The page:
He says, “Smell this.” I do, and it has a lovely fragrance.
He says, “Do you know what it is?” I say, “No.”
He says, “It’s a trailing arbutus. I did not know that.”
He then stares off into space and we proceed to the car to run some errands. It is in the car that he talks about his day.
My husband had to get an appraisal on his mother’s home today. As those of you who read this blog regularly know, his mother died 3 weeks ago and we are settling the estate. The real estate agent he got to do the appraisal was a woman he had had as a biology teacher when he was in high school. She now owns her own real estate company. My husband shared with me that she was the best teacher he ever had. He said, “I remember whole lectures that she gave complete with their illustrations. She was truly that good. Sometimes I don’t even remember the content of an entire course of other teachers I’ve had. As she and I walked around my mother’s woods, she saw this plant. She told me it was trailing arbutus and had me smell it. She was still teaching me biology.”
My husband’s description of this teacher made me think of Jesus. Here we are after the resurrection and Jesus is showing up here and there, showing Himself to those He is preparing to leave. He has 40 days until His resurrection. What is He saying? What are those final instructions? What intimacies is He sharing by lakeside fires after fishing? What gems are flowing from His mouth as they walk with Him “on the way”? What places does He visit? Who does He visit? Does He go to his childhood home one last time? We “get a taste” of a few interchanges, but certainly not 40 days’ worth. Enough, I think, though, to know He was a good teacher. I’m sure that whomever He talked to they remembered what He said. When Jesus spoke “their hearts burned within them,” they’d fall to their knees in reverence exclaiming Rabboni which means teacher, they’d come running from the boat with such elation they’d forget to wrap their clothes around them, and they believed without having to touch Him.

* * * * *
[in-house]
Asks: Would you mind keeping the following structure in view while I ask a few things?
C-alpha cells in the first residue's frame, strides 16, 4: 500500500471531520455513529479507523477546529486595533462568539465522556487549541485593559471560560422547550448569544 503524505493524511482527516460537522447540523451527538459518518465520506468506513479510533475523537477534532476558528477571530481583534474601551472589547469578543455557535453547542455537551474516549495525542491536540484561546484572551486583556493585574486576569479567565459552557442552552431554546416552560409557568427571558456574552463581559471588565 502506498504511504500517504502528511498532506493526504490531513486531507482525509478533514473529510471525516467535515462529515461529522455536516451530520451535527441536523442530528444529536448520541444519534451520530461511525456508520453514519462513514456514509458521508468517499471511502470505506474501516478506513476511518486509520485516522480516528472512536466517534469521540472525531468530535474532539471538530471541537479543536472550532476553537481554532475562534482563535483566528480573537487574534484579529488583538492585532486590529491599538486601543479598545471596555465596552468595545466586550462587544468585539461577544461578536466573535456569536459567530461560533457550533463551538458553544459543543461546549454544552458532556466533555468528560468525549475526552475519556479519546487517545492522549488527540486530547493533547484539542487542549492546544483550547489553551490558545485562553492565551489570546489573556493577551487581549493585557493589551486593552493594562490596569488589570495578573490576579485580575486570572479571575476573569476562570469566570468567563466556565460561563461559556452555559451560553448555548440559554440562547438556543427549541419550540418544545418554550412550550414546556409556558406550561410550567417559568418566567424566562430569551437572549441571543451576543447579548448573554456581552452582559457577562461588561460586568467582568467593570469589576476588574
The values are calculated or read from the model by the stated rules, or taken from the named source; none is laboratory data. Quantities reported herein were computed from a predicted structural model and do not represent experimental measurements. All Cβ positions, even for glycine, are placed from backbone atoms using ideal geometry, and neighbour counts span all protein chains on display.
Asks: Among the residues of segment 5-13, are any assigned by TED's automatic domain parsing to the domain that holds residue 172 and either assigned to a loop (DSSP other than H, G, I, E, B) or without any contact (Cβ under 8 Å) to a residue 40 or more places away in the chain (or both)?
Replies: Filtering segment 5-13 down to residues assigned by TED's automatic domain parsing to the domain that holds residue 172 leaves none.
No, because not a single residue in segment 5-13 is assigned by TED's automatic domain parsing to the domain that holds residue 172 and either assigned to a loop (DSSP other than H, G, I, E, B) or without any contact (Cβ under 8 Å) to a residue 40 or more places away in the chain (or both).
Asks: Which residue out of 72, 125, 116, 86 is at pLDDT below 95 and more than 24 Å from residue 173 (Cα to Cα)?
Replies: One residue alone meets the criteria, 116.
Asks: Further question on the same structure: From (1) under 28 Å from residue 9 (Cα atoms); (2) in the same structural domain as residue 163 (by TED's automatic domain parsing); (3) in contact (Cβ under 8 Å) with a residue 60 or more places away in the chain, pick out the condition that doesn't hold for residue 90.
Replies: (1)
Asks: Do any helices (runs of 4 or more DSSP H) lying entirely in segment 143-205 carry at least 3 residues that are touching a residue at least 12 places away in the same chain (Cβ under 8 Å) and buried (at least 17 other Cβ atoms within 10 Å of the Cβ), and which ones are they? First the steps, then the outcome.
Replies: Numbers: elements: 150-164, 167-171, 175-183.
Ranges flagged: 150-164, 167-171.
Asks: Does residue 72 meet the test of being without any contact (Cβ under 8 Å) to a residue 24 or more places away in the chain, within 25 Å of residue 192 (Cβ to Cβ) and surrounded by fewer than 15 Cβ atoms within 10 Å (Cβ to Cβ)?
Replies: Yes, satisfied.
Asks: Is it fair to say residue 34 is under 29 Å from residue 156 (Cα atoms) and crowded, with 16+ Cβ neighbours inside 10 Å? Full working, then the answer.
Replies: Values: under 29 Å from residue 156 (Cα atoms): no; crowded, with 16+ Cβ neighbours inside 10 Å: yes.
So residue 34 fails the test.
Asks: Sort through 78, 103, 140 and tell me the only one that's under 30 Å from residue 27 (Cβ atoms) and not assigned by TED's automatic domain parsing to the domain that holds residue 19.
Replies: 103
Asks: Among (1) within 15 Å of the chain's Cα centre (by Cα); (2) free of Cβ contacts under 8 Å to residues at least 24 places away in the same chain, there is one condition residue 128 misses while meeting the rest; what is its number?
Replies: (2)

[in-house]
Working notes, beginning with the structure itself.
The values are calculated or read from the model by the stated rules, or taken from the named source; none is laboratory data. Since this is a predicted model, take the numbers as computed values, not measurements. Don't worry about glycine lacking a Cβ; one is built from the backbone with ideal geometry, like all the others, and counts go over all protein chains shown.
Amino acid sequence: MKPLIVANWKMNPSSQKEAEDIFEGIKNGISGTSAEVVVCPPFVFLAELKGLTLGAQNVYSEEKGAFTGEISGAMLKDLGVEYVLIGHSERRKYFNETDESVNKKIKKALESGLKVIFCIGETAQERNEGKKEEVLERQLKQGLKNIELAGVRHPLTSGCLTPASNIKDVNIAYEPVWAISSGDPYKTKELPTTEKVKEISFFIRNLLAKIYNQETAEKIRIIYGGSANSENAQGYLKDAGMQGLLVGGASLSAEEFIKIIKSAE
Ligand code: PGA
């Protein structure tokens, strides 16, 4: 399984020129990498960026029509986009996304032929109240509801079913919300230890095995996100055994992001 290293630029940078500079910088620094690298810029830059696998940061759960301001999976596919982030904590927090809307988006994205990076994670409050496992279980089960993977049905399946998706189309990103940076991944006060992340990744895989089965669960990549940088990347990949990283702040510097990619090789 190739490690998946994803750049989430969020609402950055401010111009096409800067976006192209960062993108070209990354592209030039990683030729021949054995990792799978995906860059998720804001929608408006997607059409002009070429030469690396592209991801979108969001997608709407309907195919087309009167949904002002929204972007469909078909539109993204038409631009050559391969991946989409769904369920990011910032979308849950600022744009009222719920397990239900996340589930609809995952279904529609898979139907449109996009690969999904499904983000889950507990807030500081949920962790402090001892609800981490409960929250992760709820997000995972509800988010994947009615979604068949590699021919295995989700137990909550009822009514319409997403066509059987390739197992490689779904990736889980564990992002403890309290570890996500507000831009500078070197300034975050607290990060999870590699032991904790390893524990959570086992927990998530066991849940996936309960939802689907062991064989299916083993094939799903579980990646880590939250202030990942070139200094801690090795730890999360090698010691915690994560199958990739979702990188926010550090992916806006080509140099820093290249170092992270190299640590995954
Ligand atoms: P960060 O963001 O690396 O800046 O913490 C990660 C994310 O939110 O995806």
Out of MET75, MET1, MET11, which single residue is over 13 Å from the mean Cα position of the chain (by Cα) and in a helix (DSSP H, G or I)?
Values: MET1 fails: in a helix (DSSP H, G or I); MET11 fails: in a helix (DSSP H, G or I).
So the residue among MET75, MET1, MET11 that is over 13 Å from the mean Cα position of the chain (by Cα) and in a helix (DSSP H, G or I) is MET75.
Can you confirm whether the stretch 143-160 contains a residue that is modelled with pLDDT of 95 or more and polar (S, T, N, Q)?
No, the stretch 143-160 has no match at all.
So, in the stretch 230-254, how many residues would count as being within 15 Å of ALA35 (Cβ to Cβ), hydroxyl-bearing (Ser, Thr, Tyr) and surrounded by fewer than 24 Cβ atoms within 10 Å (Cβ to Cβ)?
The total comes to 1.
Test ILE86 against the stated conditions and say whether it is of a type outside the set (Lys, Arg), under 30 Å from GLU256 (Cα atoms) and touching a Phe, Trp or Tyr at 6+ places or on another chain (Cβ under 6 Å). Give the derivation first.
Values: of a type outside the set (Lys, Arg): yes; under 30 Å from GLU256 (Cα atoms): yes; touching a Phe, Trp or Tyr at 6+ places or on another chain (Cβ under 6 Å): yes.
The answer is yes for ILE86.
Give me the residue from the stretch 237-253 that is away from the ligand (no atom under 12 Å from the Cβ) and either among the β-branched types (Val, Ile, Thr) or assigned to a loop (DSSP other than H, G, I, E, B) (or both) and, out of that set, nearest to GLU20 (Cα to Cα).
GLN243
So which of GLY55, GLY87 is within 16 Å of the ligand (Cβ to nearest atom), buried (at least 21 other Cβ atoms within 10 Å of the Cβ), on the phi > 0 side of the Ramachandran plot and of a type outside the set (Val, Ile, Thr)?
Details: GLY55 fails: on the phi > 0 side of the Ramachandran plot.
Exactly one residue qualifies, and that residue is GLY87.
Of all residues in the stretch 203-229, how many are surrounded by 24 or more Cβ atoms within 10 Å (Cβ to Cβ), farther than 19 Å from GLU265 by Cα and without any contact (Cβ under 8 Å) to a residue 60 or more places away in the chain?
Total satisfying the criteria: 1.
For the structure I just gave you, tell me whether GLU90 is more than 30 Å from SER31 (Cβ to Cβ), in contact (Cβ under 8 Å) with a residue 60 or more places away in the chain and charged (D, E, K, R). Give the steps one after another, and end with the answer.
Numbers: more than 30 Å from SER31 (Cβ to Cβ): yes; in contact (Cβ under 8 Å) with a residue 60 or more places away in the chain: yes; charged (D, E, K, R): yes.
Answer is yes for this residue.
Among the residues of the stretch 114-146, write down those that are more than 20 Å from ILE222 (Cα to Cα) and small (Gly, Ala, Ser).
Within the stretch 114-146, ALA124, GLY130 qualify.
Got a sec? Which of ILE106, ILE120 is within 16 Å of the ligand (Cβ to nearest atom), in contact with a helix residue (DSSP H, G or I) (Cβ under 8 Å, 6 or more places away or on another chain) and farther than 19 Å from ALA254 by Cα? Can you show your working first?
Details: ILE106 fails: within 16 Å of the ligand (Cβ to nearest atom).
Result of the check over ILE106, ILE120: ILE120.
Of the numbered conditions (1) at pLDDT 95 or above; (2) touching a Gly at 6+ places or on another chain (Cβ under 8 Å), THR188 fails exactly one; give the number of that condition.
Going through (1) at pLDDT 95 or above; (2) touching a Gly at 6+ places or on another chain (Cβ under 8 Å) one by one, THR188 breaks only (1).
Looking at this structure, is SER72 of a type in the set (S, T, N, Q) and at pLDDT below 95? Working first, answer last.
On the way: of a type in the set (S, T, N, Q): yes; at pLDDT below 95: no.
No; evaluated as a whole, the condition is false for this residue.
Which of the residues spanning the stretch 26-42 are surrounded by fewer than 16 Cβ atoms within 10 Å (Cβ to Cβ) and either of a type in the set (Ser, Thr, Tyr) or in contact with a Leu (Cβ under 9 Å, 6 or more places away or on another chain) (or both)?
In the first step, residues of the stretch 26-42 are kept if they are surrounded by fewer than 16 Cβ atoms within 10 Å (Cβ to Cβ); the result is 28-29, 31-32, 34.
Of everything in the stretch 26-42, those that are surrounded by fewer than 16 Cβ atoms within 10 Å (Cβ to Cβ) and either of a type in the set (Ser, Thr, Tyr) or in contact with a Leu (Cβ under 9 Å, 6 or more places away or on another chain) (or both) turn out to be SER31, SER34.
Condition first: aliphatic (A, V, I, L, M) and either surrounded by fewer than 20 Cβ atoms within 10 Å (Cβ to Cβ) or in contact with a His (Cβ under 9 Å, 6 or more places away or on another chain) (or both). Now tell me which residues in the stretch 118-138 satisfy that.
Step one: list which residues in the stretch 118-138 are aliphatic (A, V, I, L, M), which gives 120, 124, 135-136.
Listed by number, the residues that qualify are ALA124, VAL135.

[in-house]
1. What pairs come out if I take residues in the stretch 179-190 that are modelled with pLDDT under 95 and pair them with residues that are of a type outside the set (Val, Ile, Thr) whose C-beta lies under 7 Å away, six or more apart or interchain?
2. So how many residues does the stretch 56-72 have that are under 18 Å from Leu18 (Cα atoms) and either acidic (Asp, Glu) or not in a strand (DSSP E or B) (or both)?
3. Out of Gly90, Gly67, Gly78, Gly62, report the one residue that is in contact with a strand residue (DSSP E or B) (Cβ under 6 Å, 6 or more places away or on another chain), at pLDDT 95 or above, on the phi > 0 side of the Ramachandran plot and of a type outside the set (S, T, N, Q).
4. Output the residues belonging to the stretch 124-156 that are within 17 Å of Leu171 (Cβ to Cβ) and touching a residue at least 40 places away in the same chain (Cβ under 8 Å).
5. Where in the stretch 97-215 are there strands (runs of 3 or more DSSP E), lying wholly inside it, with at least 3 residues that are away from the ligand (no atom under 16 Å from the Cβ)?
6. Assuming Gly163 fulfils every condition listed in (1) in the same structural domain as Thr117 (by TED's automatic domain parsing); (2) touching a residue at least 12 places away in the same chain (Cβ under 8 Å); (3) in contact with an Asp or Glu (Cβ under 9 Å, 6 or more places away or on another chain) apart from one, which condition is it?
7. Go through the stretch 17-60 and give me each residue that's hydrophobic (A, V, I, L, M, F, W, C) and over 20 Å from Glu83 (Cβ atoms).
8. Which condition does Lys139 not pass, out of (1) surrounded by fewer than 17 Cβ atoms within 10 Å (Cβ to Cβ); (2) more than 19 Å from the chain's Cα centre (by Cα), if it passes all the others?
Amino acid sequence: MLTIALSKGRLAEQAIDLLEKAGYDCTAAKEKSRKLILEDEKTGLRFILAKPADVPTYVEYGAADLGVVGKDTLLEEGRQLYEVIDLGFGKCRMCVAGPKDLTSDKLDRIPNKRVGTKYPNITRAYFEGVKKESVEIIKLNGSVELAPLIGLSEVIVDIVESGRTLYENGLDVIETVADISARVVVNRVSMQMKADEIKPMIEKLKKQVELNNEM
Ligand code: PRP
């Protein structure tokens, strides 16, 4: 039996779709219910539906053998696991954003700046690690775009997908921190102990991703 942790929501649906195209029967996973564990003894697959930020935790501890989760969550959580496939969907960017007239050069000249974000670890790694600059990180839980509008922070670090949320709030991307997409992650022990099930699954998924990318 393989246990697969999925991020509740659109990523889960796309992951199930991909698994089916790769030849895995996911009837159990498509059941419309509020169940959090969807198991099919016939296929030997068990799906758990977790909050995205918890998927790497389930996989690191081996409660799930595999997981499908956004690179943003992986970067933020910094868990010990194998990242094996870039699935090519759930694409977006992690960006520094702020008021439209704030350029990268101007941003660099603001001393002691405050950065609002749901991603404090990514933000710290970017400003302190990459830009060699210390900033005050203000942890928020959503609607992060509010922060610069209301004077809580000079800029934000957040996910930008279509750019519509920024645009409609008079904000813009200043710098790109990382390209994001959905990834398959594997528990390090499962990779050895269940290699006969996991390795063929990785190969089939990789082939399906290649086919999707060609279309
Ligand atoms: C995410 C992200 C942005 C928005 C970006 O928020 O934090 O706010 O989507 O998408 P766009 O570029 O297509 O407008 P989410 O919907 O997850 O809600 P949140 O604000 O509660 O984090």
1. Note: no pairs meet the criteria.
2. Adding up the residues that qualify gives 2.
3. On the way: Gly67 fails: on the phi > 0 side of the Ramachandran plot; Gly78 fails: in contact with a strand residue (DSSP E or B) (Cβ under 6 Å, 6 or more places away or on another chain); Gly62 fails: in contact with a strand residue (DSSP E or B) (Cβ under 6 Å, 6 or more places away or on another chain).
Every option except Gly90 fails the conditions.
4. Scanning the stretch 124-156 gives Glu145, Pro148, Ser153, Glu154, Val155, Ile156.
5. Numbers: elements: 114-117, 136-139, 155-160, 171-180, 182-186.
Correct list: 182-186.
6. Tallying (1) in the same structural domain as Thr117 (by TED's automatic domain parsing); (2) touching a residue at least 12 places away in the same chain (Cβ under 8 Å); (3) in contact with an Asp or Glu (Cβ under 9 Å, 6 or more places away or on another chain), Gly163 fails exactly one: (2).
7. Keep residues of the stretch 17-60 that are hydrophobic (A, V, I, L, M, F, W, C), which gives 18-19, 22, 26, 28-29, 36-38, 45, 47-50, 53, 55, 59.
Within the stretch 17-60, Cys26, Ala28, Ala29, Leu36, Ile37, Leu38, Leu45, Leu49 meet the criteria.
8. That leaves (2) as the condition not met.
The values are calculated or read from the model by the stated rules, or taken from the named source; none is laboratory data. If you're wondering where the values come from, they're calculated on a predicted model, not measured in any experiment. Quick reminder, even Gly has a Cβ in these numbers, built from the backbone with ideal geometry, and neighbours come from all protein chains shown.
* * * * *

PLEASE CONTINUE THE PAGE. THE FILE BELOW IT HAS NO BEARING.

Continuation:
Some remembered so well they wrote down what they remembered for us and those words stir us still today.